Join George Maestri for an in-depth discussion in this video Working with Trim and Split, part of SketchUp Pro: Tools and Techniques.
Let's take a look at two more solid modeling tools in Sketcher PRO. And these are Trim and Split. Now these essentially work like booleans. They work like subtract and intersect, but what they do is they leave the original pieces behind. So let's take a look at Trim first. I'm going to go ahead and zoom in here a little bit. And let's take a look at this first block and cylinder. So I'm going to go ahead and select the cylinder, use the Move tool to move it down along the blue axis so that it intersects with the block beneath.
Now I don't want that to go all the way through, I just want it to kind of intersect a little bit. Now typically, if we were to do a subtract, I would select the Cutting tool first, the cylinder, and select the block second. And then we can do Tools> Solid Tools >Subtract. And we've done this before. And this basically subtracts the cylinder out of the block. But that's not what we want. I'm going to go ahead and undo that operation, and I'm going to do this one more time.
Instead I'm going to use Trim. So, I'm going to select the cylinder. Shift select the block. Go Tools, and this time, I'm going to select Trim. Now watch what happens. You see this dark line comes up here, and if we move the cylinder out of the way, you'll see that I get the exact same thing that happened with the subtract, except I didn't delete the cylinder. So you kind of maintain the integrity of your Cutting tool. So as you can see, now I have almost the same situation we had before, where I have kind of this socket here for this kind of dowel to go into and I didn't need to do it in so many steps as I did before.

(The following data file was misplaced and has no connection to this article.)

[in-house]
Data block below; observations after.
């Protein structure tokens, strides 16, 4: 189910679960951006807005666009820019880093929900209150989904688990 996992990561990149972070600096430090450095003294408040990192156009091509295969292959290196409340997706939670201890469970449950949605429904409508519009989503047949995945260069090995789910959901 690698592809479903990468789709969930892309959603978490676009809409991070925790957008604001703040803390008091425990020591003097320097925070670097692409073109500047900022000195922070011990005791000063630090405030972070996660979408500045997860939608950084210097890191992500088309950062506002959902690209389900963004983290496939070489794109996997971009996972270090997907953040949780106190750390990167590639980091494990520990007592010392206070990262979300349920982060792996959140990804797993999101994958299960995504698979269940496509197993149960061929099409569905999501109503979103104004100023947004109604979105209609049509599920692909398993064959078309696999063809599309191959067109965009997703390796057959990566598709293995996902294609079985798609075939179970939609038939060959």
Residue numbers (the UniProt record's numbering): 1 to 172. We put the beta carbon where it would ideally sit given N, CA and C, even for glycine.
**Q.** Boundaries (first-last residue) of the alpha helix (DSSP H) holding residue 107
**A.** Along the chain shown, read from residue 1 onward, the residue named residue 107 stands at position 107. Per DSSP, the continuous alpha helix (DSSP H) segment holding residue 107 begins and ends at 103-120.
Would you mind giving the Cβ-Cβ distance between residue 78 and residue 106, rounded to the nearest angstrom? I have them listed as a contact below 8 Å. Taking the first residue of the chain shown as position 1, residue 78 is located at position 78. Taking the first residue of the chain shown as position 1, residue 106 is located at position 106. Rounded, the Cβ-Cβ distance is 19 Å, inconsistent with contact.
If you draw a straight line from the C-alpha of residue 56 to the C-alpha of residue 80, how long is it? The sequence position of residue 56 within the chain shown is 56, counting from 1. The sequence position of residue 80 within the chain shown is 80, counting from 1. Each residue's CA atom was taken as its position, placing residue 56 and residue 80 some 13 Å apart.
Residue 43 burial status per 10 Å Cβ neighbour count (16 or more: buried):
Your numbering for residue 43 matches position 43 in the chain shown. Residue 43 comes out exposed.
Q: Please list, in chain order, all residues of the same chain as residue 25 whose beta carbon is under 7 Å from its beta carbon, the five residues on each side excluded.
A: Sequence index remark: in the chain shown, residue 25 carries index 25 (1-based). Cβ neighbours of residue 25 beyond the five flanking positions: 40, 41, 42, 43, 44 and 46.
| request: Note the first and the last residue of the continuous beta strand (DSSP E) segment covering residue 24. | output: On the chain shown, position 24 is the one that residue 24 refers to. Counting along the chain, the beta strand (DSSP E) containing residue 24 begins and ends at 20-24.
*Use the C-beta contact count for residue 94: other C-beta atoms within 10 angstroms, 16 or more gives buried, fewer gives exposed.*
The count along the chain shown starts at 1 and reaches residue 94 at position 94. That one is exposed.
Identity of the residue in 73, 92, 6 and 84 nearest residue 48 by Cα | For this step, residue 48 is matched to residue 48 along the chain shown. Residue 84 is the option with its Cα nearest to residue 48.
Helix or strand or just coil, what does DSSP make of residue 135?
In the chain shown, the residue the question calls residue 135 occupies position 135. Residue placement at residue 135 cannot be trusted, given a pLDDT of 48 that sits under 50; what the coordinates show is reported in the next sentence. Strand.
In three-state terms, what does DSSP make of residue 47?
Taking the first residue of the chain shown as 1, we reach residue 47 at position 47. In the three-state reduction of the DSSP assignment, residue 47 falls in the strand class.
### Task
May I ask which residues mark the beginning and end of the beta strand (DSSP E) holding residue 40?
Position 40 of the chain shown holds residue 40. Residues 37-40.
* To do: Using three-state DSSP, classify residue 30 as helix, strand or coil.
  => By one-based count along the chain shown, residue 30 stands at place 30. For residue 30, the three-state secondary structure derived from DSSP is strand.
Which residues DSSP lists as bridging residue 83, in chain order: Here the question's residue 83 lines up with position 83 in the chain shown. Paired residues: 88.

Now let's go ahead and take a look at the second one. And this is Split. Now Split is the same as the Intersect tool. In other words it creates a surface that overlaps two other surfaces. So again I'm going to take this cylinder, and just drop it down over the block. And select the block. So I'm going to go ahead and shift select the block. Now, typically if we were to do an Intersect, it would only keep that part of the surfaces that were overlapping, but if I undo this and select these two again, again I'm shift selecting them.
And do a split, it keeps everything intact, but it also does the intersect. So if I move this up, select the block and move that, you'll see that I have the intersect. I also have a hole for that intersect in the block, and I have my original Cutting tool intact. Now the one thing about this is that this actually is shorter, so what it does is it as it intersects, it cuts a little bit off the cylinder, and then it also cuts a hole into the block.
So basically now we have three pieces that can fit together to create the original structure, so that's a little bit different than the trim. So, hopefully, you'll find these tools fairly useful in your SketchUp endeavors.
- Solid modeling
- Creating advanced cameras
- Changing camera properties
- Working with terrains
- Working with custom attributes of Dynamic Components
- Creating dynamic materials
- Adding interactivity like motion and rotation
- Creating documents with LayOut
- Installing plugins